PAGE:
12. You know, I've come to a similar conclusion myself, but it is frustrating how the game can be wildly technical and simplistic at the same time. It almost encourages/requires GMs to take matters into their own hands to fill in the blanks. I generally do not like to encourage the development of House Rules, but I would not necessarily have a problem with a player asking me to "take cover" behind their lightsaber for as long as they didn't move it to attack, particularly is they have a couple upgrades purchased for the skill. The lack of detailed rules instruction also requires GMs to make sure they are thinking tactically about a battle, and about how the enemy NPCs are going about choosing targets. For example if my saber-toting Force sensitive PC wants to "protect" his fellow PCs or a group of innocent NPC bystanders, he could simply stand between them, forcing the enemies to either go through him or re-position themselves. As a GM in this situation I would 'reward' the PC by having the enemies attack him instead of just trying to shoot the people they were going for anyway. The rules do not say I have to do this, but it would be crummy roleplaying if I did not try to accommodate the intentions of my players. Perhaps if the PC is thwarting an assassination attempt, he could make an opposed Lightsaber vs. Discipline check to intimidate a character into attacking them, breaking their concentration by waving a shiny blade of death around (maybe spend extra advantage to generate threat on the attack--improved reflect? yes please!). I know stuff like that sometimes comes dangerously close to 'game breaking' or serving up a big block of cheese, but I feel like so much effort is put into the narrative essence of this game that it would be a shame not to try to encourage players to be creative with their skills. I love this system but I feel at its very foundation the rules require a bit more support from those playing it compared to other systems on the market, which is honestly best exhibited in the "narrative dice" that it is built on. thoughts? I know I get a bit intense, but this is what happens when a GM spends too much time without a group... they spend too much time thinking =P Edit: changed proposed skill check from opposed Lightsaber vs. Vigilance to Lightsaber vs. Discipline cause that made more sense to me.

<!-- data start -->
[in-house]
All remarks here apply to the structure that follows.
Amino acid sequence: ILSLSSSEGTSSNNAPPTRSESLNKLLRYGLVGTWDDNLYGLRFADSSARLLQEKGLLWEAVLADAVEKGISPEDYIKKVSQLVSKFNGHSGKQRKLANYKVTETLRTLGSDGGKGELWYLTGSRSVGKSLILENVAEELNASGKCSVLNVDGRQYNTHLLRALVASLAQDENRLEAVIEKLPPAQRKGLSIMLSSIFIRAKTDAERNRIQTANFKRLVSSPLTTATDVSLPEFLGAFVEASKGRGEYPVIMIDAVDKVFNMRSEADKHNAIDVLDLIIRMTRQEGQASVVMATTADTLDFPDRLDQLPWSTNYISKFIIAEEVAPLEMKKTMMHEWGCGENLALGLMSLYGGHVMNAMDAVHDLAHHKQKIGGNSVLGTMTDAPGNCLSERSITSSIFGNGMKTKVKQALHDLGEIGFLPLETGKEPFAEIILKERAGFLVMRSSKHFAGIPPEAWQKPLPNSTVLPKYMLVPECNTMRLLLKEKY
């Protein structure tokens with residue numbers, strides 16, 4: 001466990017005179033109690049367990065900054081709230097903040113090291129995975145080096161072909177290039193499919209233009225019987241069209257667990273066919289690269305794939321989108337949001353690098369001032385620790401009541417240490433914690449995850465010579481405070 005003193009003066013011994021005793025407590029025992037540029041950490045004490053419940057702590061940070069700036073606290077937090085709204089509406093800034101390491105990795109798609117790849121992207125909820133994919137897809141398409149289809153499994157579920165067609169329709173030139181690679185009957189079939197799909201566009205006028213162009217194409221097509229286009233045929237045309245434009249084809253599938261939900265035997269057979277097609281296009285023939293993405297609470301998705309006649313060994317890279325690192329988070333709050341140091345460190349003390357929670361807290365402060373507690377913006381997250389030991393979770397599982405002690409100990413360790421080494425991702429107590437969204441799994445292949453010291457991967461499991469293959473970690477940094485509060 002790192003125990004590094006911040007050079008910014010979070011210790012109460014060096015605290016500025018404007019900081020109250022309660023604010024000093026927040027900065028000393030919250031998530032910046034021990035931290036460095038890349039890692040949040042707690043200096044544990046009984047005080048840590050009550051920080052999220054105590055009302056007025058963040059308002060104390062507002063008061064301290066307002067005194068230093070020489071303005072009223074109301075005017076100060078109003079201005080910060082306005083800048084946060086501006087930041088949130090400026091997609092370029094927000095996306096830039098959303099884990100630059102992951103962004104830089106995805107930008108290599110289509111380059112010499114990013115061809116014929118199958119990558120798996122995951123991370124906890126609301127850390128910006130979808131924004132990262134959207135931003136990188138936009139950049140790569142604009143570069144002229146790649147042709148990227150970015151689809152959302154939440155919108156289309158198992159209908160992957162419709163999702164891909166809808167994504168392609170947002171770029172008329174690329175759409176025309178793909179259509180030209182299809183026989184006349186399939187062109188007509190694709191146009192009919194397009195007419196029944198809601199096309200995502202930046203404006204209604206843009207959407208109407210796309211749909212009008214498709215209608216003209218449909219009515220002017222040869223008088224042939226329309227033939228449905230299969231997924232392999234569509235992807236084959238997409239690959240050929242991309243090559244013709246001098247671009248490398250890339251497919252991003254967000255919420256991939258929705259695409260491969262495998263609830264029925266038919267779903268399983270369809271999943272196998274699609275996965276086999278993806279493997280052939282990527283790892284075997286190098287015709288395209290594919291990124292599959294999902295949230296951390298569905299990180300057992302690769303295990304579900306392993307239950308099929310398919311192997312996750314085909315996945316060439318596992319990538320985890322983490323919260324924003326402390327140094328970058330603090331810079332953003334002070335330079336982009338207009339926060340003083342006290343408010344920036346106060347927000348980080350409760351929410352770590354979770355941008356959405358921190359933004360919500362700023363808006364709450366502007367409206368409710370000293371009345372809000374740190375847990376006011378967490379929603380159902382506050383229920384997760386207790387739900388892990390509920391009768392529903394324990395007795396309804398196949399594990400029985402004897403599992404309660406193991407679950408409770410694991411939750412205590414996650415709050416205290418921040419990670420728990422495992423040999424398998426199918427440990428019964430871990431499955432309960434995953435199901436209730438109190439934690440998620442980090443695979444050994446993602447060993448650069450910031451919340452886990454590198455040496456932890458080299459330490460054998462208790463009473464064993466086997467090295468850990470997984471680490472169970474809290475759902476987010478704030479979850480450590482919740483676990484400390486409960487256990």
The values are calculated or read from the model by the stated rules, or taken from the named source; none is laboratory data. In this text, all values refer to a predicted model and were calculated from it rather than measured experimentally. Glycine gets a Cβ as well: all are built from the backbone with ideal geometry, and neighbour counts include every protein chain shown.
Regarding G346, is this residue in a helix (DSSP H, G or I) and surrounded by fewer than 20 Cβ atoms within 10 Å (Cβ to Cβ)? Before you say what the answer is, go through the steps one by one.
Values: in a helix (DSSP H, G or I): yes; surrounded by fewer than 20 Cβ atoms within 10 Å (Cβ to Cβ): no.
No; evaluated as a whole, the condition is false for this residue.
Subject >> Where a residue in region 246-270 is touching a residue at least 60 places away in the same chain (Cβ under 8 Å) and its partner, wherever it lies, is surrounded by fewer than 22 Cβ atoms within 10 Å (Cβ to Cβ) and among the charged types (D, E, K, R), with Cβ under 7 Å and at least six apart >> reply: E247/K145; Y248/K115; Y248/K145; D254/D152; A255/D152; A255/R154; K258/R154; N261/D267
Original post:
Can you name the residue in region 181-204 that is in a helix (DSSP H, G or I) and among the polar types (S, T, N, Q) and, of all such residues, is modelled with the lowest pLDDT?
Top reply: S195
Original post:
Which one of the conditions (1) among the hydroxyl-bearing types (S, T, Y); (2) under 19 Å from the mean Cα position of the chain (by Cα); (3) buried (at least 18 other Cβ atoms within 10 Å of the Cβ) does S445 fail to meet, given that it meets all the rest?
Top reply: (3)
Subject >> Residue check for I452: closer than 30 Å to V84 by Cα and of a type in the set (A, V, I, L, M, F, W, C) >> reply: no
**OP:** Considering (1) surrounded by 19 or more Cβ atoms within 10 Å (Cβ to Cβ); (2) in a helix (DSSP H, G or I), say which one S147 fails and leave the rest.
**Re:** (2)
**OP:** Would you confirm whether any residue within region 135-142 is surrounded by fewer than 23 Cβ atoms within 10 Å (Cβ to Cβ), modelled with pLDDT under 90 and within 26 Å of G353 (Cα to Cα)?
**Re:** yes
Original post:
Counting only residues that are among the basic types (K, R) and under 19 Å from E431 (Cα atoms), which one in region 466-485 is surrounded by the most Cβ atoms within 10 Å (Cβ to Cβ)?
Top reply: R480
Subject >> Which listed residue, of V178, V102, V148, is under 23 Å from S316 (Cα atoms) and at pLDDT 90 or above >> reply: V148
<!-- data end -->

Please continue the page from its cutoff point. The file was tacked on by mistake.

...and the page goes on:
13. Shien Expert is my absolute favorite Saber Form Specialization, but I am having a little trouble figuring out how to optimize my use of the Supreme Reflect talent. For those who don't know (or don't have their book handy) the talent reads, "If the user did not make a combat check during previous turn, may suffer 1 strain to use Reflect." The obvious advantage to this is the reduction of strain drain, but what should my character be doing during a combat encounter if not making combat checks? I like the idea of trying not to actively run into a mob of bad guys and mercilessly hacking them to pieces--something the raw damage of a lightsaber clearly favors--and instead taking a more passive approach in a very Jedi fashion of protecting myself and allies from laser fire... I just do not know what I would be doing otherwise. So come on fellow skill monkeys, what are some clever ways to use non-combat skills/abilities in combat that could still help the group drop the baddies?
  14. Not sure if this has been said yet in this thread, but on top of all the goodies everyone has mentioned I just want to point out the care that the development team put in to writing this book. I mean, all of these books have been pretty good about loading up on description, but I was really feeling the love as I was reading through the motivations and the "who becomes a sentinel" sections--early Chapter One stuff (before the species and specs). Even the descriptions of the Specializations (particularly Racer) seemed a step up from the normal quality, which is no small feat.
  15. So after some limited play testing, I am having a hard time getting any sort of reliability out of this talent. Now, I understand that due to balancing concerns, a player should not be allowed to be nearly invincible when they have a lightsaber in their hand, but I would like to get a little more out of this iconic ability, especially when the Shien Expert Specialization is so heavily focused on it. So my question to you is how do you all is what combination of force powers/other talents/house rules have you guys implemented to make Reflect worth the experience? The first control upgrade for Sense seems like an easy way to generate some more failure/threat pips, and I was thinking that maybe perhaps a force user would be allowed to take the "take cover" maneuver while they have their lightsaber out, though that comes a little too close to the Defensive Circle Talent for the Soresu Defender (though I don't really see why someone couldn't do both). Thoughts?